What happens if the eigenvalues are complex?

What happens if the eigenvalues are complex?

If the n × n matrix A has real entries, its complex eigenvalues will always occur in complex conjugate pairs. This is very easy to see; recall that if an eigenvalue is complex, its eigenvectors will in general be vectors with complex entries (that is, vectors in Cn, not Rn).

Can complex eigenvalues have real eigenvectors?

If α is a complex number, then clearly you have a complex eigenvector. But if A is a real, symmetric matrix ( A=At), then its eigenvalues are real and you can always pick the corresponding eigenvectors with real entries. Indeed, if v=a+bi is an eigenvector with eigenvalue λ, then Av=λv and v≠0.

Can eigen value be a complex number?

If c is any complex number, then cx is a complex eigenvector corresponding to the eigenvalue λ. Moreover, since the eigenvalues of A are the roots of the characteristic polynomial of A, the complex eigenvalues come in conjugate pairs and λ is an eigenvalue.

Can a matrix have real and complex eigenvalues?

In general, a real matrix can have a complex number eigenvalue. In fact, the part (b) gives an example of such a matrix.

Are complex eigenvalues Diagonalizable?

In general, if a matrix has complex eigenvalues, it is not diagonalizable.

Can a matrix have both real and imaginary eigenvalues?

If each entry of an n×n matrix A is a real number, then the eigenvalues of A are all real numbers. False. In general, a real matrix can have a complex number eigenvalue.

Is zero a real eigenvalue?

Eigenvalues may be equal to zero. We do not consider the zero vector to be an eigenvector: since A 0 = 0 = λ 0 for every scalar λ , the associated eigenvalue would be undefined.

Do all matrices have complex eigenvalues?

If the scalar field is the field of complex numbers, then the answer is YES, every square matrix has an eigenvalue. This stems from the fact that the field of complex numbers is algebraically closed.

How are complex eigenvalues related to differential equations?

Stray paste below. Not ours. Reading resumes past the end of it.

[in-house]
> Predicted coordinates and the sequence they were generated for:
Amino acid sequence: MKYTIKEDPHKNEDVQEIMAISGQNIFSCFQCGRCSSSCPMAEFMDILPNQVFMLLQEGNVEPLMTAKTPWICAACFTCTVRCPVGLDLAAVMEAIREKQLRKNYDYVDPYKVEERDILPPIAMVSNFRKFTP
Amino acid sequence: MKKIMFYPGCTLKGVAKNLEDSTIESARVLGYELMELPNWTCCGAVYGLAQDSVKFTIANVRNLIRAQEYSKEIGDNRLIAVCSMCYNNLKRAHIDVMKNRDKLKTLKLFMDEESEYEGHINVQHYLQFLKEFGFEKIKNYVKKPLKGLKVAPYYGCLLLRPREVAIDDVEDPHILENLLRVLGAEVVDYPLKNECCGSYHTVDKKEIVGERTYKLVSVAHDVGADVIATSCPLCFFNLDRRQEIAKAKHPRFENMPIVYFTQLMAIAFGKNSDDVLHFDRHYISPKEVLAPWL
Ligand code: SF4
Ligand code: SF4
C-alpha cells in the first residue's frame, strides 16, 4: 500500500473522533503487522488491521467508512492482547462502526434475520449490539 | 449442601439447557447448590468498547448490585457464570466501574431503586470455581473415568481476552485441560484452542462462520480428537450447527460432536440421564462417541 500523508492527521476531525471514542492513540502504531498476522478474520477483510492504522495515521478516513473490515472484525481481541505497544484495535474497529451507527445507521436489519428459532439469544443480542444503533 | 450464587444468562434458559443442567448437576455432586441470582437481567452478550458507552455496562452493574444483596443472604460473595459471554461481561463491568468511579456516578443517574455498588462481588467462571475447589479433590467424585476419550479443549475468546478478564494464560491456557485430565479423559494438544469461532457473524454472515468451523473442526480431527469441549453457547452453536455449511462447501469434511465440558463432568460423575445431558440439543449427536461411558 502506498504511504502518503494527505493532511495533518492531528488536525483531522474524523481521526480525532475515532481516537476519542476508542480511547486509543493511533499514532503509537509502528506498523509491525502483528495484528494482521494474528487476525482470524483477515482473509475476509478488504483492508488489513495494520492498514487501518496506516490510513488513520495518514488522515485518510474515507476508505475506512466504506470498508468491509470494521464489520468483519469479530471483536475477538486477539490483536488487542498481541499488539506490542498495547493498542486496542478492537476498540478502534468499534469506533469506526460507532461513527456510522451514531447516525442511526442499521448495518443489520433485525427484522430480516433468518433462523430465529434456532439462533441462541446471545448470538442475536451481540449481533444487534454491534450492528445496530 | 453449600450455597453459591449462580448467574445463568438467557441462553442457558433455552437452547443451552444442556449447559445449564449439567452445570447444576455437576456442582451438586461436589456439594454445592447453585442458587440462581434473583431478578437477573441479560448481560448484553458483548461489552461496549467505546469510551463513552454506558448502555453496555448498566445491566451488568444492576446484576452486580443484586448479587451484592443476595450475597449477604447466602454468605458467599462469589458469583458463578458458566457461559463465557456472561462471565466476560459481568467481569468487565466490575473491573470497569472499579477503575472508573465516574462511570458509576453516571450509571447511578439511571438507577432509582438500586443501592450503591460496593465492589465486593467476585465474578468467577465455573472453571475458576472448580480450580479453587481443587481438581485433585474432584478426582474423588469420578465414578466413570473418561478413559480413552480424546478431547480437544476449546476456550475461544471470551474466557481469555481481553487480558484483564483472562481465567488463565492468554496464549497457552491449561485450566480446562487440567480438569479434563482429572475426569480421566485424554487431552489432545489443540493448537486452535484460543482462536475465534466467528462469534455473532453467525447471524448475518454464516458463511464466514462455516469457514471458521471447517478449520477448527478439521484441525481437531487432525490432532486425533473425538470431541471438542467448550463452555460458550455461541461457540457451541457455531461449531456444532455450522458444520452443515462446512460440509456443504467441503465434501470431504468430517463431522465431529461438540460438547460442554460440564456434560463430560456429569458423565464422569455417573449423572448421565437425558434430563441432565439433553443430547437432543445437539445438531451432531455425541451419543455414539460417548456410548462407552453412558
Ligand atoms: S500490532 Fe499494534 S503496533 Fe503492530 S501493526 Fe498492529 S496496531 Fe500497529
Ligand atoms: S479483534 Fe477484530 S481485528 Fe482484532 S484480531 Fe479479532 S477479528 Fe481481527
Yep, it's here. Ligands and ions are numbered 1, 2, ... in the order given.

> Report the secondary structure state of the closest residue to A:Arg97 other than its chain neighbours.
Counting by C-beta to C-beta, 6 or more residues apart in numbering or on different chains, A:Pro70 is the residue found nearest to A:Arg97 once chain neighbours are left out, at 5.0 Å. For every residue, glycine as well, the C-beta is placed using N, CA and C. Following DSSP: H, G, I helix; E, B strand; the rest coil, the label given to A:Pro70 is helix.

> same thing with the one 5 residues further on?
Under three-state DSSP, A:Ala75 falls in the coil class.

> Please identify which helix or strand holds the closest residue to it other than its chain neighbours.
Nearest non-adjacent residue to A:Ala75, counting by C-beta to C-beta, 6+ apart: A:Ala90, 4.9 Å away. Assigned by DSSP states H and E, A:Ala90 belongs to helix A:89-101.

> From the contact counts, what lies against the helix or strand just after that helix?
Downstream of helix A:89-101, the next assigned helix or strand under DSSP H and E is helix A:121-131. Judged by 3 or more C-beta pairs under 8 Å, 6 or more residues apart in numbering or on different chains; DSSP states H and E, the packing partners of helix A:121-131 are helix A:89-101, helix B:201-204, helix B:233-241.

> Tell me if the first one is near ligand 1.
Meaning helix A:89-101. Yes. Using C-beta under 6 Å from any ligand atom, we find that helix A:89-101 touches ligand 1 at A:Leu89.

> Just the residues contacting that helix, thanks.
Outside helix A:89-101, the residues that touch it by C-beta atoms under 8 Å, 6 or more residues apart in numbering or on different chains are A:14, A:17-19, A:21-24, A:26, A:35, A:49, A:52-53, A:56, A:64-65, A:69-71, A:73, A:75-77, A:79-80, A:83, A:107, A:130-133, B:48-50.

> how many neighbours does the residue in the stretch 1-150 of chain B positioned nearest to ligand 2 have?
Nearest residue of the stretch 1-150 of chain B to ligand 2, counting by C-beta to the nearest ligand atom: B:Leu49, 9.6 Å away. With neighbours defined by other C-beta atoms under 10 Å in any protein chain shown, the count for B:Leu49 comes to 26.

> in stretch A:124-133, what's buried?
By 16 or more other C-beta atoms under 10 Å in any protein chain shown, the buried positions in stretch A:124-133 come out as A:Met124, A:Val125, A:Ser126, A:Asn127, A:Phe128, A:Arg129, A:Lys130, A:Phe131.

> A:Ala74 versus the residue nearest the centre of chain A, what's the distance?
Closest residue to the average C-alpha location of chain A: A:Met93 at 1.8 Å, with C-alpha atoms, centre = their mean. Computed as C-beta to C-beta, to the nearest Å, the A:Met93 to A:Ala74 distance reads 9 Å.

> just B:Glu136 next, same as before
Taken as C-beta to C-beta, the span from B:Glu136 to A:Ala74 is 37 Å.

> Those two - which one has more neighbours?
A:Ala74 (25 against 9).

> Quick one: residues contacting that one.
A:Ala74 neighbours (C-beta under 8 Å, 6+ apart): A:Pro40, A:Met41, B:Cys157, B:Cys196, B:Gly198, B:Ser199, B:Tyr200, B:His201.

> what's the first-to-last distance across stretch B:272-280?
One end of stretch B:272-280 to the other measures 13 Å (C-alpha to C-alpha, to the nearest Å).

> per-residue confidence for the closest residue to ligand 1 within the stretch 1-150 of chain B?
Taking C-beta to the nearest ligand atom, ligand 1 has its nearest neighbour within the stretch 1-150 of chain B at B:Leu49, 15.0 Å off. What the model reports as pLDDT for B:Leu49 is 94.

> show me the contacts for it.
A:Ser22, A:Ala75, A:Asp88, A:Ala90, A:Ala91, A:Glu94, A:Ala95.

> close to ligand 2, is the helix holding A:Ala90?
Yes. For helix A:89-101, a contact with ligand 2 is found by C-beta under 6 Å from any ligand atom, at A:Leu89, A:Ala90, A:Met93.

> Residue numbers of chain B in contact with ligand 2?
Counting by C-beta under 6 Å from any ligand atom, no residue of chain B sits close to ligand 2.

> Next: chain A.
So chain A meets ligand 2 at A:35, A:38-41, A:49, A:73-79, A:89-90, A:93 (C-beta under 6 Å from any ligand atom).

With complex eigenvalues we are going to have the same problem that we had back when we were looking at second order differential equations. We want our solutions to only have real numbers in them, however since our solutions to systems are of the form,

How to solve ODE system with complex eigenvalues?

The expression (2) was not written down for you to memorize, learn, or even use; the point was just for you to get some practice in seeing how a calculation like the one in our example looks when written out in general. To actually solve ODE systems having complex eigenvalues, imitate the procedure in the following example. 2. Worked Example 1 2

Which is the formula for the eigenvalue λ?

λ= a + bi, λ¯ = a − bi . Let’s start with the eigenvalue a + bi. According to the solution method described in the note Eigenvectors and Eigenvalues, (from earlier in this ses­ sion) the next step would be to find the corresponding eigenvector v, by solving the equations (a −λ)a 1 + ba 2 = 0 ca 1 + (d −λ)a 2 = 0 for its components a 1 and a

Why is the eigenvector vcorresponding to λ complex?

Since λis complex, the a iwill also be com­ plex, and therefore the eigenvector vcorresponding to λwill have complex components. Putting together the eigenvalue and eigenvector gives us for­ mally the complex solution x= e(a+bi)tv. (1) Naturally, we want real solutions to the system, since it was real to start with.